Last Updated on March 18, 2023 by Marjon Ramos
Mother rabbits only feed their kits 1-2 times per day. You can tell that the mother nursed her kits if their tummies are round and the kits are warm. Nursing the kits only takes about 10 minutes in total, so don’t worry if you never saw the mother nurse her kits because it’s easy to miss.
If you notice that the kits don’t have round tummies and are wrinkled, call a veterinarian for advice.
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Will the babies die if they are not fed often enough?
No, a doe would only feed her kits once or twice a day. The kits would only die if they were not fed for a long period of time, or 3–4 days after being born.
That’s why it’s important to check your rabbit’s kits at least once a day to see if they are being nursed. If you are unsure if the kits are being fed, try weighing the babies to see if they are gaining weight.
If you’re still unsure if the mother is feeding her babies, call a vet for advice.
How long can a baby bun go unfed?
Kits would often be left alone by their mother after birth, sometimes for up to four days. Most of the time, the first feeding of kits would be 24 hours after birth, so don’t worry if the doe leaves her kits after giving birth.
The reason why the doe would leave her kits is that, in the wild, after giving birth, the mother would leave the nest to look for food. They also do it to not draw attention to the nest, preventing predators from finding it.
The same instinct would kick in if your rabbit is a house rabbit. This is totally normal.
What should you do if you notice that the mother is not nursing her kits?
If you notice that the mother is not nursing her kits for more than 4 days (you can tell by looking at the tummies of the kits if they’re rounded and their skin is wrinkled), immediately call a veterinarian.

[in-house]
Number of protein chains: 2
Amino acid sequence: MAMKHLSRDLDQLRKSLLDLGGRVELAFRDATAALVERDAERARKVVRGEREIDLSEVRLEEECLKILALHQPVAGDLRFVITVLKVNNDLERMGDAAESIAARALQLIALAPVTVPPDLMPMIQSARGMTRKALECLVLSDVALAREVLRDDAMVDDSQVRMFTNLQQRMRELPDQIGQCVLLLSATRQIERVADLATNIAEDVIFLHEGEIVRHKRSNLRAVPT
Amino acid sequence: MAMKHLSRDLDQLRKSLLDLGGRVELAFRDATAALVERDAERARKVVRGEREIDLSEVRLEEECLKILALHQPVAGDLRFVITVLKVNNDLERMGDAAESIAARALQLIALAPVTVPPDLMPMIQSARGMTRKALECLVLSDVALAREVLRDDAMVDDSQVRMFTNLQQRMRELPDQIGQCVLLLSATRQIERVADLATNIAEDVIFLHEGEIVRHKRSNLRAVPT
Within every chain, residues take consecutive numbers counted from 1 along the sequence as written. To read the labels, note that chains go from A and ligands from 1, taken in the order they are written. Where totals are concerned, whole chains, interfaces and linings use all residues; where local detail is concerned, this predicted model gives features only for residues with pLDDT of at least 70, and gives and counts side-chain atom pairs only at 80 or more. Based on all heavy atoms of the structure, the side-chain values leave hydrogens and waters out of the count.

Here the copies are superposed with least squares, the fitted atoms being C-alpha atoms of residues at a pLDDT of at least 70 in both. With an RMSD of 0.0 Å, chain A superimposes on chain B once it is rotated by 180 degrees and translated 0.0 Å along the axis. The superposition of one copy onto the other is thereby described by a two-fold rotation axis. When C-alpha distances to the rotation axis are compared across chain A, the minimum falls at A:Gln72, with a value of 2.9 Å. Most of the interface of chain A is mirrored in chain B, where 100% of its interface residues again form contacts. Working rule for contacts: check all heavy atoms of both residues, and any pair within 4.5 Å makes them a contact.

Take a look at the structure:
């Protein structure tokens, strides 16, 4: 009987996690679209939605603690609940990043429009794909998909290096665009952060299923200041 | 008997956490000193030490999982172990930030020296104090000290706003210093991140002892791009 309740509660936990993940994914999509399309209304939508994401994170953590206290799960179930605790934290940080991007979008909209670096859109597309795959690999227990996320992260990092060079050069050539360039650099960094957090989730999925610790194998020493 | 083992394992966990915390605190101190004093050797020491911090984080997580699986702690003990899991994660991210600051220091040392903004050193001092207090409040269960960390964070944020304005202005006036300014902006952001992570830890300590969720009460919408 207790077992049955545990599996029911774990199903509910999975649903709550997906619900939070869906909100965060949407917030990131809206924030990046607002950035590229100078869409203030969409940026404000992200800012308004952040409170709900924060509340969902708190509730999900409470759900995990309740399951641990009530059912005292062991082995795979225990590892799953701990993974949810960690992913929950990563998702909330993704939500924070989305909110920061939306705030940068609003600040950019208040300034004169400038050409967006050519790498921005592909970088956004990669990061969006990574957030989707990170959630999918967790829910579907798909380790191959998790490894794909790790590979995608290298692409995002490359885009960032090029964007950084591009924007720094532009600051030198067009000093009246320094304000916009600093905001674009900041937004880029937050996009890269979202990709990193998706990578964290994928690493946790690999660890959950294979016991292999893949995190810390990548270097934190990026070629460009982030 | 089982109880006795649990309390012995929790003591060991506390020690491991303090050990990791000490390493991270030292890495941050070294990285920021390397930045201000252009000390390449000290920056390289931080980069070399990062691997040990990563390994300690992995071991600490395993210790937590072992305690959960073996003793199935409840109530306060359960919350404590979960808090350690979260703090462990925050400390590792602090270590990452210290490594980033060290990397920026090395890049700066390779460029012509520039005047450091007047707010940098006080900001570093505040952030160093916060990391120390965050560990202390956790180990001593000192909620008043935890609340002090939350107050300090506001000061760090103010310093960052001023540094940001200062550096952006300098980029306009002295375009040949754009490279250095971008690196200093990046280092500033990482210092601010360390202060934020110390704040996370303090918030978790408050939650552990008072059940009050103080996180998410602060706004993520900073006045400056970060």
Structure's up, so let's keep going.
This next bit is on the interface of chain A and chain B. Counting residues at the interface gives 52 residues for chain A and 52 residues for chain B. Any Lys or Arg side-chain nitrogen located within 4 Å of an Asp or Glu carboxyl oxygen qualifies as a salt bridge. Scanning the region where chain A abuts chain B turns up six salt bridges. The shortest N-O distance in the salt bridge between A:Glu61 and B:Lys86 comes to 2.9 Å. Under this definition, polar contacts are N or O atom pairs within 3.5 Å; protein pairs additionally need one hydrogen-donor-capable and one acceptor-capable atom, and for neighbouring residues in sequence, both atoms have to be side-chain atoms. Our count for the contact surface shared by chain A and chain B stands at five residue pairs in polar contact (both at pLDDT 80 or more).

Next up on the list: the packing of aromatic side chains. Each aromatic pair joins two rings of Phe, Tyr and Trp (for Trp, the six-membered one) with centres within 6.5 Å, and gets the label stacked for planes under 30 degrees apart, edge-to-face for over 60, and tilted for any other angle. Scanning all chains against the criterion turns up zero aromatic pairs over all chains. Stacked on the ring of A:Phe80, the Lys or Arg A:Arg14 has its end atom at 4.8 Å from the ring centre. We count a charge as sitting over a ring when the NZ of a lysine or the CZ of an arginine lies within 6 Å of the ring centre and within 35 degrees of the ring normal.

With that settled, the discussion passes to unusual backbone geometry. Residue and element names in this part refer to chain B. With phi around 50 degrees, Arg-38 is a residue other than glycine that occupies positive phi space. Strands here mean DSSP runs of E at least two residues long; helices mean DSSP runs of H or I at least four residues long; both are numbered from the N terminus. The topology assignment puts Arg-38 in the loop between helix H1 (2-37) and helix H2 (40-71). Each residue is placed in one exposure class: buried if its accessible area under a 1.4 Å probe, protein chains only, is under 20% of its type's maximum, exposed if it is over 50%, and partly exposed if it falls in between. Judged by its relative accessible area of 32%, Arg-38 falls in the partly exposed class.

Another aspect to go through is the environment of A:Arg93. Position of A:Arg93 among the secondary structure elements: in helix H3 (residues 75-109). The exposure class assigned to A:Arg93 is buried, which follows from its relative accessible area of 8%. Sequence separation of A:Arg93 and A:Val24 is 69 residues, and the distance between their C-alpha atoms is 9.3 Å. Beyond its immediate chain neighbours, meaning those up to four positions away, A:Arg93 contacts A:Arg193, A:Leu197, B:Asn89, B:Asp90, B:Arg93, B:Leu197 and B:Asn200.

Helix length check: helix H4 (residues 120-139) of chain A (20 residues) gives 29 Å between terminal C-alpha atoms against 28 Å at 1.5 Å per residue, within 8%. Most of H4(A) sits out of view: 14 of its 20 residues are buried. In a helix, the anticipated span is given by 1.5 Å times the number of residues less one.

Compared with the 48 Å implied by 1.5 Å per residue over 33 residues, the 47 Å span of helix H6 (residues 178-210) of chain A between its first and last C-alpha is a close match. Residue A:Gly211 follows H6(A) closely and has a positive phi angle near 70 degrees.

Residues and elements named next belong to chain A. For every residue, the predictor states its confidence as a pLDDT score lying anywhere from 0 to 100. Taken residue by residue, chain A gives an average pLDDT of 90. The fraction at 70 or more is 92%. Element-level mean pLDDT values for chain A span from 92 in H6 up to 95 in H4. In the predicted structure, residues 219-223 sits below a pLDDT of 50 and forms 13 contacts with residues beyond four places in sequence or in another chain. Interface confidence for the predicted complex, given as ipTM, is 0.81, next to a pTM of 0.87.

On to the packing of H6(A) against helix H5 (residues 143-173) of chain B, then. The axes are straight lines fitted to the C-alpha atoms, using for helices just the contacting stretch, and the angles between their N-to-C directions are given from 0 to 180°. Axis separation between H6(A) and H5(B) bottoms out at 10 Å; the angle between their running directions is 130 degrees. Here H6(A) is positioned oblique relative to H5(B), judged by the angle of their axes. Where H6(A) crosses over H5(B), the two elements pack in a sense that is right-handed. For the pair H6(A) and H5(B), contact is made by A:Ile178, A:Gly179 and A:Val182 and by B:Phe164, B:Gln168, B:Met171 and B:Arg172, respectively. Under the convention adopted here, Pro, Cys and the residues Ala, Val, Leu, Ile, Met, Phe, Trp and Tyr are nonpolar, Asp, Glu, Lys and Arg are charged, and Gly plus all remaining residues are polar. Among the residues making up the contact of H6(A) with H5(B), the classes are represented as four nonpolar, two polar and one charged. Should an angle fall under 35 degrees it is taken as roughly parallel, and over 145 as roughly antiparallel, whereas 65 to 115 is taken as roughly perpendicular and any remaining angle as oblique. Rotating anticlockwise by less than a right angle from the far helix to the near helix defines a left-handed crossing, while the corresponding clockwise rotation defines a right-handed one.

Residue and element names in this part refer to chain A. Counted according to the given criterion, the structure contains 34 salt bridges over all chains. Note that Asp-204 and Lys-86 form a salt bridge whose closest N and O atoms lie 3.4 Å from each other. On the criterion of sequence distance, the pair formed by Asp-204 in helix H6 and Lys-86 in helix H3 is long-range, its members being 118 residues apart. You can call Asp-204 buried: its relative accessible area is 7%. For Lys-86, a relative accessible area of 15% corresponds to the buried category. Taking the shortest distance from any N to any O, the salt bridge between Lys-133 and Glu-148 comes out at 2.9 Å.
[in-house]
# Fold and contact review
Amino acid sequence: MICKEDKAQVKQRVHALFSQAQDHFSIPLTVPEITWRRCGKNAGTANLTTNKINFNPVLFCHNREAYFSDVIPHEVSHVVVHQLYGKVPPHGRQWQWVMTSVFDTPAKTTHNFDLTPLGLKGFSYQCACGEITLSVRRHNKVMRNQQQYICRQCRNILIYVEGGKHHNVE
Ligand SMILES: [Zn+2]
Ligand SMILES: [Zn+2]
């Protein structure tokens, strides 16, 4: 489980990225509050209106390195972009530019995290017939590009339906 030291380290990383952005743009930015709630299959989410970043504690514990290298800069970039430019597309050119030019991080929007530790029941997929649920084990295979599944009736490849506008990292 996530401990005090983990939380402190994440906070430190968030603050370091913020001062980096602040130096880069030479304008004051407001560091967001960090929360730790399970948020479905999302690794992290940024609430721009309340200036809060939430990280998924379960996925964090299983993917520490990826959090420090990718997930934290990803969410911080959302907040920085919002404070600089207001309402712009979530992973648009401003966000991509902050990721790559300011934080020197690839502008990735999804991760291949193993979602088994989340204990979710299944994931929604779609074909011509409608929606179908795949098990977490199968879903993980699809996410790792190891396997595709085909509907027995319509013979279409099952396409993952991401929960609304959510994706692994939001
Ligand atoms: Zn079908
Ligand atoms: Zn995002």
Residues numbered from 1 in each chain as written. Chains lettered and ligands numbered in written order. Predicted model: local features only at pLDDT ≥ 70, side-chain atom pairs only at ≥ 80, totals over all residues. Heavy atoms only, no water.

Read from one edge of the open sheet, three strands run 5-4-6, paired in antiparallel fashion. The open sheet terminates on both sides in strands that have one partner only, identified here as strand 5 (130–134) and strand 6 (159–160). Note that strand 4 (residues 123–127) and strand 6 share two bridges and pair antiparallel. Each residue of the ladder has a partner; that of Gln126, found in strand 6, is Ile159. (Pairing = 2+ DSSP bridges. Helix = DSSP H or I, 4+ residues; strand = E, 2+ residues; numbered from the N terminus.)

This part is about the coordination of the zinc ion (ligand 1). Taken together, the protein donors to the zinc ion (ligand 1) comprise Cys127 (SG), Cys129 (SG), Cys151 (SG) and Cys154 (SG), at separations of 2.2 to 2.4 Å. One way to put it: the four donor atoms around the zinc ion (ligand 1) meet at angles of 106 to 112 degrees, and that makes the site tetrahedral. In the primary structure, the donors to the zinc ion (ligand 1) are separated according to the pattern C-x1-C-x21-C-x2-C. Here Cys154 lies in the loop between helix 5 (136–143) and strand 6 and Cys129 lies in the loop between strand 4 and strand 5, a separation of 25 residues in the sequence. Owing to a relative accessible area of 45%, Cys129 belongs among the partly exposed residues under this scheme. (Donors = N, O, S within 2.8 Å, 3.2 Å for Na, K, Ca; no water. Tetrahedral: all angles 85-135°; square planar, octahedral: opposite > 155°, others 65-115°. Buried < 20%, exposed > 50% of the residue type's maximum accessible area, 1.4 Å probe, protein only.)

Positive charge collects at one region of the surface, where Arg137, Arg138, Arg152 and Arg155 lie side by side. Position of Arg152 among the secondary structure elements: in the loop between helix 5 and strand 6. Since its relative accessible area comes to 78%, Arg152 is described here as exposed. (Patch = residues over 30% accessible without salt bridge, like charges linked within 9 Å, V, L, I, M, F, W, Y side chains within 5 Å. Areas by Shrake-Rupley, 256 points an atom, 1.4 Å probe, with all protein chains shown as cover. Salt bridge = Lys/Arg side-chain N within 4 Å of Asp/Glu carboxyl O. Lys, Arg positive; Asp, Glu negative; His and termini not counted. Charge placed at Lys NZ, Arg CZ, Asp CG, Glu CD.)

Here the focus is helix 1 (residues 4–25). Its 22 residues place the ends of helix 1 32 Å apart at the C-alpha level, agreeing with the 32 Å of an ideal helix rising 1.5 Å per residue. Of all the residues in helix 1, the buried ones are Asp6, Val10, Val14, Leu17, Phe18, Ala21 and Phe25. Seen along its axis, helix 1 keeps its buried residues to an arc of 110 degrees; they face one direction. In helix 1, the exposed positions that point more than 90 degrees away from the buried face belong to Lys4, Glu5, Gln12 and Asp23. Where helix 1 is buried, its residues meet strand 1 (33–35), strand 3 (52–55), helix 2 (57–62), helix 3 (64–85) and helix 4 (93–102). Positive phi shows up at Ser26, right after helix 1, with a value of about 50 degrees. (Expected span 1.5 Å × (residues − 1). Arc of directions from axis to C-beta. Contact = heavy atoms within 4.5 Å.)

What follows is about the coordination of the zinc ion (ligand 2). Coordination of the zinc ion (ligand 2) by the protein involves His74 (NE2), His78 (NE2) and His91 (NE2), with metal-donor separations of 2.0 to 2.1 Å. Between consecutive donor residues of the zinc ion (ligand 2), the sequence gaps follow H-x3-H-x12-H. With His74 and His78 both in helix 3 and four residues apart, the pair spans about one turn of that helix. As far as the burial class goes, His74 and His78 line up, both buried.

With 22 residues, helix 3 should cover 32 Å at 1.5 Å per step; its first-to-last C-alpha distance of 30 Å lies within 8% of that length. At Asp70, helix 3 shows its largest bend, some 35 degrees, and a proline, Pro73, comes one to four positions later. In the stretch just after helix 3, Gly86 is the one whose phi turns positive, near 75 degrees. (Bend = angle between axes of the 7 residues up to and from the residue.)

Your vet would likely instruct you to syringe feed your rabbit Esbilac.
Here’s the guide to how much Esbilac to feed a newborn rabbit (make sure you talk to a vet first):
|1 Week old
|2 Week old
|3 Week old
The amount of milk to feed a baby rabbit that I mentioned in the table is not a rule. You should still look at the kit’s tummies. If the belly is already slightly round and slightly firm, you can stop feeding them for the day.
You would also need to stimulate the kits’ urination and defecation after feeding them.
The next day, check if the kit’s belly is empty by looking if its skin is wrinkled.
Kits would often be fed for 24 hours after being born. Mothers would often leave the kits alone after giving birth in order to look for food. They also do it not draw attention to the nest so that predators could not find it.
The same thing would happen to pet rabbits. After giving birth, the doe would leave the kits alone to eat. Mothers would only feed their kits once a day, sometimes two. This feeding schedule would only last for 10 minutes, so it’s hard to catch them in the act.
In order to know if your rabbit is nursing their kits, look to see if the kit’s tummies are round and full.
Sometimes, rabbits will not nurse their kits for 3–4 days. This is normal. If it lasts longer than that, immediately call a veterinarian and ask for instructions for supplemental feeding.
Cite this article:
- Can Rabbits Eat Asparagus? 9 things you need to know.
- Can Rabbits Eat Tomatoes? What You Need To Know.
- Can Rabbits Eat Watermelon? What You Need To Know.
- Can Rabbits Eat Grapes? What You Need To Know.
- Can Rabbits Eat Broccoli? What You Need To Know.
- Can Rabbits Eat Apples? What You Need To Know.
- Can Rabbits Eat Cabbages? What You Need To Know.
- Can Rabbits Eat Strawberries? What You Need To Know.
- Can Rabbits Eat Bananas? What You Need To Know.
- Can Rabbits Eat Oranges? 9 things you need to know.
- Can Rabbits Eat Blueberries? Here’s Why.
- Can Rabbits Eat Spinach? Your Questions Answered.
- Can Rabbits Eat Cucumbers? Here’s Why.
- Can Rabbits Eat Celery? What you need to know.
- Can Rabbits Eat Radishes: Everything You Need To Know
Sources and further reading
- Buseth, Marit Emilie., and Richard A. Saunders. Rabbit Behaviour, Health, and Care. CABI, 2014.
- Lebas, F. The Rabbit: Husbandry, Health, and Production. Food and Agriculture Organization of the United Nations, 1997.
- Patry, Karen, et al. The Rabbit-Raising Problem Solver: Your Questions Answered about Housing, Feeding, Behavior, Health Care, Breeding, and Kindling. Storey Publishing, 2014.
- Baby Rabbits
- How to Feed Baby Rabbits
- Care and Feeding of Orphaned Domestic Rabbits
Image credit – “champagne d’argent mom and babies” by henna lion is licensed under CC BY-NC 2.0, “nursing mother bunny” by *w* is licensed under CC BY-NC-ND 2.0, “I saved a baby bunny today” by Ninithedreamer is licensed under CC BY-NC-SA 2.0,
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